Strong inflow in portfolio investments…
In October, nonresidents’ net direct investments were realized as 303 million USD in Turkey. In this period, among direct investments real estate investments were the only item which recorded capital inflows. The capital outflow in capital investments item for the first time since 2017 also drew attention.
There was a rise in portfolio investments in October. Portfolio investments, which had a capital outflow of 2.8 billion USD in October 2019, recorded a capital inflow of 2.9 billion USD in the same month of this year. In this period, non-residents continued to make net sales in equity market, while they became buyers in debt securities market. The Ministry of Treasury and Finance’s bond issuance abroad (2.5 billion USD) for the first time since February 2020 was effective in this development. Banks and other sectors also borrowed 50 million USD and 650 million USD, respectively, in October.

Other investments recorded a limited capital outflow of 70 million USD in October. In this period, the banks were net debt repayers in both short and long terms, while their commercial loans have increased. On the other hand, in October, deposits of domestic banks at their foreign correspondents decreased by 3.1 billion USD, while foreign banks’ deposits at domestic banks increased by 432 million USD. According to 12-month cumulative figures, the long-term debt rollover ratio of the banking sector became 84.6% as of October, while the said ratio became 67.4% in other sectors.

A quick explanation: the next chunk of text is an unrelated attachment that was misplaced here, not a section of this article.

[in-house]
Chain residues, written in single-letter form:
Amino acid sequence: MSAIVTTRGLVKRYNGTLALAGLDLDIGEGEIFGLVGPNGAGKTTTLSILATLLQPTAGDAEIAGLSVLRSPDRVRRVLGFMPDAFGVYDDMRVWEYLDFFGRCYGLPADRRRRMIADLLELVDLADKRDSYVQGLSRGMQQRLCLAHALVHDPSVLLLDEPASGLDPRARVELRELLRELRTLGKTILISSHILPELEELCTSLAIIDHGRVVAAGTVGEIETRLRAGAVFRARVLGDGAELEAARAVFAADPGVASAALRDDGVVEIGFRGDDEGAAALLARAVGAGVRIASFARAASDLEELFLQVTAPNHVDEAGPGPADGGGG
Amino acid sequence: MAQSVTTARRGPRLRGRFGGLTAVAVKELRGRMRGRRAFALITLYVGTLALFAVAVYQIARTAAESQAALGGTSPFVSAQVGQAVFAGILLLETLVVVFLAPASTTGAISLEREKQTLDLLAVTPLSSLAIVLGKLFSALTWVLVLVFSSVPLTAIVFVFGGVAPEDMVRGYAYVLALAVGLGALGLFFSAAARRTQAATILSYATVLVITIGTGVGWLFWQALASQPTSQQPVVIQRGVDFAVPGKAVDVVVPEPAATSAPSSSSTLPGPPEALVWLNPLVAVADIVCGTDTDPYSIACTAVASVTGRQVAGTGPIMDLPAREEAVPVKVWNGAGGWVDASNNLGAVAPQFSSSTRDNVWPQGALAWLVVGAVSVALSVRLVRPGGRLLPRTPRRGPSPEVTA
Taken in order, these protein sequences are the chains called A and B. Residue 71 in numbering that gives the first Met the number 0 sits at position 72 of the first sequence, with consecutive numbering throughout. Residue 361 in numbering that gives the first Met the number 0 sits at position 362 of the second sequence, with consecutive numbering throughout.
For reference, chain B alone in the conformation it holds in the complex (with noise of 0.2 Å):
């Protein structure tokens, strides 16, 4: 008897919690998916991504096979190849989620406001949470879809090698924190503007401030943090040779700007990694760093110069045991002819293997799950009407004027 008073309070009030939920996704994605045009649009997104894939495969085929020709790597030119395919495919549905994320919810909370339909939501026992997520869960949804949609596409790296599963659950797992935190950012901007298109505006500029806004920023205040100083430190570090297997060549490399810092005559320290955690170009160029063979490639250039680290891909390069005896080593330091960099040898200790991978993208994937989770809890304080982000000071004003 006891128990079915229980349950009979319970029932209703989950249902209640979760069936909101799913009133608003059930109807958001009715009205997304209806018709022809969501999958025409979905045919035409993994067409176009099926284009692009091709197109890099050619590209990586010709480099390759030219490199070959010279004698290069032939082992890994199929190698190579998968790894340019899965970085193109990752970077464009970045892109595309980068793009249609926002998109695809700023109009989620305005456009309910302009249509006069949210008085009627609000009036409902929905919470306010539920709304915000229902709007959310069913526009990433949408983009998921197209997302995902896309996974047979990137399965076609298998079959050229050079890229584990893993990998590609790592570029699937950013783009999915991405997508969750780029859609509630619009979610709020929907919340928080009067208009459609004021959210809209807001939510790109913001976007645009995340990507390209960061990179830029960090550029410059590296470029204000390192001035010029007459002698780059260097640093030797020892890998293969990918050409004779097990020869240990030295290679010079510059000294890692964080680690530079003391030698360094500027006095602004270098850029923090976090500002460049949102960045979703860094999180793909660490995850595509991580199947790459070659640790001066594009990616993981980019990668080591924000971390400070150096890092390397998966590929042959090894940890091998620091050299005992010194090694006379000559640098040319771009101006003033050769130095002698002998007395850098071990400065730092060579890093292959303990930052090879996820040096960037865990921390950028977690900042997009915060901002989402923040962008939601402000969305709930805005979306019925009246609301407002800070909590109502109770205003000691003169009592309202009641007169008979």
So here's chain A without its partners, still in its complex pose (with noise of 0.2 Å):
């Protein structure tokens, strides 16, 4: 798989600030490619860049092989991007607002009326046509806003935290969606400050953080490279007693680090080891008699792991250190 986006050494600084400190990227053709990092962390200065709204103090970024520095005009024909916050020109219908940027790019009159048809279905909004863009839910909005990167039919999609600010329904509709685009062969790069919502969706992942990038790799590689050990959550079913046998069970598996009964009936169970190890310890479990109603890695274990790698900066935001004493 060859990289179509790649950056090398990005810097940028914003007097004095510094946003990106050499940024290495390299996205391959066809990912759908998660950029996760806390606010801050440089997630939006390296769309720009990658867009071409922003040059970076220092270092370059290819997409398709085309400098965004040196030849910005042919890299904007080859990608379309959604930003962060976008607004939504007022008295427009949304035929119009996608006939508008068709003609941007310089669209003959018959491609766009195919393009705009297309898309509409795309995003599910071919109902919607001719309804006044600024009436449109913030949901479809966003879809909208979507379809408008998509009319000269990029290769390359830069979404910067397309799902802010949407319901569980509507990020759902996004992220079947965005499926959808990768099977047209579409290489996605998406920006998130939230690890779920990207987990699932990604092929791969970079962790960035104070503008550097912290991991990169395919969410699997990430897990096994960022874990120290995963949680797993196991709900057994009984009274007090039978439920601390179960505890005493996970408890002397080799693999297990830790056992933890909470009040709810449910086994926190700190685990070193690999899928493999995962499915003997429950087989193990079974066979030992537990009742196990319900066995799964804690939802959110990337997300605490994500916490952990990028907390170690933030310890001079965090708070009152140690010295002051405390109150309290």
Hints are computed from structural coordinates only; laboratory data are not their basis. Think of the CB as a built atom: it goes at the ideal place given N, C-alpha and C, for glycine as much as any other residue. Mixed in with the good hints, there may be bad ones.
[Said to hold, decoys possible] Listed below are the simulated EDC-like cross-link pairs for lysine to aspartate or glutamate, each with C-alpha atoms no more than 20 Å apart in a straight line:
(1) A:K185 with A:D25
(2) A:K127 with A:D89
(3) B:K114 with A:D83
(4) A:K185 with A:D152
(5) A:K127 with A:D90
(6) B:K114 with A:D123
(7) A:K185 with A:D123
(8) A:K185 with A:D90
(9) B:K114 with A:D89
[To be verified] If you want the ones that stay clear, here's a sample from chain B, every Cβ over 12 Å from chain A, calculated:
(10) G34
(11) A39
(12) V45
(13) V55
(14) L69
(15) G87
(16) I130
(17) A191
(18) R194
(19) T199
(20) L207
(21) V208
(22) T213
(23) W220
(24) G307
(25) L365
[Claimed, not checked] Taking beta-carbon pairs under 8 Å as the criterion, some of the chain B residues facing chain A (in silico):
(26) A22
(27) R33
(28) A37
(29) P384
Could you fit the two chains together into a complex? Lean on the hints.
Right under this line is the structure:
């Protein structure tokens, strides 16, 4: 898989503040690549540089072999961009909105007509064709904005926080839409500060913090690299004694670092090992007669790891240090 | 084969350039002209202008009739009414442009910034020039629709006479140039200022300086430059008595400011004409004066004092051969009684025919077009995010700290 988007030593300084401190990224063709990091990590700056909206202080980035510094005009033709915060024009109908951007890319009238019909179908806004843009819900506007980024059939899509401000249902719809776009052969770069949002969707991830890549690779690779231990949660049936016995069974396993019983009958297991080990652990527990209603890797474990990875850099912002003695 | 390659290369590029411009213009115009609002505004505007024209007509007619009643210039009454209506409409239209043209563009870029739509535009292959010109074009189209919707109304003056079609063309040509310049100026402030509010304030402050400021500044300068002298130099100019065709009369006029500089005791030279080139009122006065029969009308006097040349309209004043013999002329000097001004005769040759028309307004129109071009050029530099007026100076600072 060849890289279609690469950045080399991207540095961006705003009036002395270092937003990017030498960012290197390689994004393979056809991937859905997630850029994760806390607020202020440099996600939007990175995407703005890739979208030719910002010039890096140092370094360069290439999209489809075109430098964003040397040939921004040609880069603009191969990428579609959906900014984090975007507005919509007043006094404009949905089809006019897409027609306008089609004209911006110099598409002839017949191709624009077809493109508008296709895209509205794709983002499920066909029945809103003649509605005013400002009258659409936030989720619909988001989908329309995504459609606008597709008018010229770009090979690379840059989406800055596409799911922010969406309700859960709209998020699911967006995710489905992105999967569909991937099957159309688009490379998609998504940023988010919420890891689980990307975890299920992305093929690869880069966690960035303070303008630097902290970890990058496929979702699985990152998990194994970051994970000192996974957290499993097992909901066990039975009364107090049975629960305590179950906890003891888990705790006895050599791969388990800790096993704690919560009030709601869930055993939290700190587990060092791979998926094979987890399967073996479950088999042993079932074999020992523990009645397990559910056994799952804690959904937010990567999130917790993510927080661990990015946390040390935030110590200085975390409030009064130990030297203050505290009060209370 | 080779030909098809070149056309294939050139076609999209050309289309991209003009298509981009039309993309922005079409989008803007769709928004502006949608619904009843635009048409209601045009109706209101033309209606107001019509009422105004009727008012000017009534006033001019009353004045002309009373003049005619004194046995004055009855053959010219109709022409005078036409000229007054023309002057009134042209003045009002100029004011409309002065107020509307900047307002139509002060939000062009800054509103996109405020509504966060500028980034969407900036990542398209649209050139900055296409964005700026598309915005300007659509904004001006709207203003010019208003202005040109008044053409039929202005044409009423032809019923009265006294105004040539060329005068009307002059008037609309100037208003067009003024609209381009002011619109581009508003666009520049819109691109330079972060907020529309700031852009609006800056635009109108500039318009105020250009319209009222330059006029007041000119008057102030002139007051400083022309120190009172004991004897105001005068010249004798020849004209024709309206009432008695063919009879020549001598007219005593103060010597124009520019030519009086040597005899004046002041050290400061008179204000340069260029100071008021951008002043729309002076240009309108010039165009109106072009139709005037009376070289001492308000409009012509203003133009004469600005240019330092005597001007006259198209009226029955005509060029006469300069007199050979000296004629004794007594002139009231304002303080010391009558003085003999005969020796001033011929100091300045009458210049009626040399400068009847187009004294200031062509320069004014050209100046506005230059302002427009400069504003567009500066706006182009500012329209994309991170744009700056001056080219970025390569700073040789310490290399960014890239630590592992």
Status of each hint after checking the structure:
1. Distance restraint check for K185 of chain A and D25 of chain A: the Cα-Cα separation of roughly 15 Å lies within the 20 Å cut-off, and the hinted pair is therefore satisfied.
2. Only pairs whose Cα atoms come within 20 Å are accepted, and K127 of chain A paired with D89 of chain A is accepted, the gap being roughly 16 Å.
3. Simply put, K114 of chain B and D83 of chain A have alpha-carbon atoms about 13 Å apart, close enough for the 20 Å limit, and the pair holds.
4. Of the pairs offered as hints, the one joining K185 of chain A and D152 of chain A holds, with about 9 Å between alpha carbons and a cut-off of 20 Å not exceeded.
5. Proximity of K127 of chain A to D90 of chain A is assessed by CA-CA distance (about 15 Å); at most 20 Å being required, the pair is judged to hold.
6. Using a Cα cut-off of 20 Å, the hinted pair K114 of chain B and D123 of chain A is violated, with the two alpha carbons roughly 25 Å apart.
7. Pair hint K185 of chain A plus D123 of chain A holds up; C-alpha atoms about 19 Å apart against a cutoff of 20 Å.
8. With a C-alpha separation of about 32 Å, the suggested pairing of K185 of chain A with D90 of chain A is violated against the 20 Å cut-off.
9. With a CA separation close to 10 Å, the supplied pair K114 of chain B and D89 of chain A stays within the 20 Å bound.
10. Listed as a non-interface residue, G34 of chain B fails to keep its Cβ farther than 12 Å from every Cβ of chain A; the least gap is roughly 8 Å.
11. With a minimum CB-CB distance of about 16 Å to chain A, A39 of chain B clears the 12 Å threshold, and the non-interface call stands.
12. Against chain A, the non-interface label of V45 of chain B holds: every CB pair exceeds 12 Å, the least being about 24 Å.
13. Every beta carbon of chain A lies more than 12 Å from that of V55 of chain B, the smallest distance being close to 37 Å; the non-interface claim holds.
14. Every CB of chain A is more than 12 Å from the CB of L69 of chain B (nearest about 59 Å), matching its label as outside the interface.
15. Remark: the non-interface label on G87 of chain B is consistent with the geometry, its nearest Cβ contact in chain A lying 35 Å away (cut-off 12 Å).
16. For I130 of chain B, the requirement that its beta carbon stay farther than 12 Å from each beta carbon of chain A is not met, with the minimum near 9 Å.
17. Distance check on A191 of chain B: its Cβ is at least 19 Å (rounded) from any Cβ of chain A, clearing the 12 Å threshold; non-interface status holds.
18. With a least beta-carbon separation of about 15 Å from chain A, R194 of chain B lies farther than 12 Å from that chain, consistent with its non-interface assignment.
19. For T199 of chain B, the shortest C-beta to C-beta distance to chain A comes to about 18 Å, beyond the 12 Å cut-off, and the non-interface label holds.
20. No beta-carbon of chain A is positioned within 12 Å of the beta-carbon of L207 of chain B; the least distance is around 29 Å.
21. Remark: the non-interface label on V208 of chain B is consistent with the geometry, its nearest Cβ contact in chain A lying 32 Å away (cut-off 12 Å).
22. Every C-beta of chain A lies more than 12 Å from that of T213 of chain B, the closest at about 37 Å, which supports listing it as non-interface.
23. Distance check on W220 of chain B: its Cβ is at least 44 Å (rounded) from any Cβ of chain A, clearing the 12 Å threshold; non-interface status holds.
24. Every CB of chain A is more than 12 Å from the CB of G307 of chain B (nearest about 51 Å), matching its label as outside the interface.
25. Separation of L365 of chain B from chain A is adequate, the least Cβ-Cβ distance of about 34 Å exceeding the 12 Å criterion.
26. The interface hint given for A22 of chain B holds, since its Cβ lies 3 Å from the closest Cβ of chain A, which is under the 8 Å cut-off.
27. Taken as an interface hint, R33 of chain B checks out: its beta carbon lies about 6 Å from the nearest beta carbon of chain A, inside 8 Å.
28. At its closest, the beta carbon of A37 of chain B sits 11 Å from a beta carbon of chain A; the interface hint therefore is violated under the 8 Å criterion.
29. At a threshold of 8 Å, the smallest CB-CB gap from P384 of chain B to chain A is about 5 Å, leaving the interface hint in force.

Reserve assets increased by 4.2 billion USD in October.
The reserve assets which has been decreasing since June increased by 4.2 billion USD in October. Thus, the decline in reserve assets which had been 42.6 billion USD as of January-September 2020, fell to 38.5 billion USD in January -October period. In October, there was a net capital inflow of 1.6 billion USD in net errors and omissions item.

Expectations…
According to the preliminary foreign trade data released by the Ministry of Trade, exports increased by 16% yoy and became 17.8 billion USD in the last month of 2020, while imports rose by 11.8% to 22.4 billion USD. The export volume, which was under pressure due to the virus pandemic throughout 2020, completed the year at 169.5 billion USD with an annual loss of 6.3%, while the import volume, supported by gold import which remained high throughout the year, reached 219.4 billion USD with an expansion of 4.3%. Thus, in 2020, the foreign trade deficit widened by 20.4 billion USD to 49.9 billion USD. Although the vaccines developed against the coronavirus limit the uncertainty regarding the recovery in the global economy to some extent, uncertainty about the process of vaccination continues. The downward revision of the growth expectations for 2021 for the European Union, our largest export market, also indicates that the effects of the pandemic will continue to put pressure on foreign trade in the coming period. On the other hand, considering the improvement in risk perception towards Turkey, depending on the course of relations with the US and the EU, there would be a more positive outlook in the financing side of the current account deficit.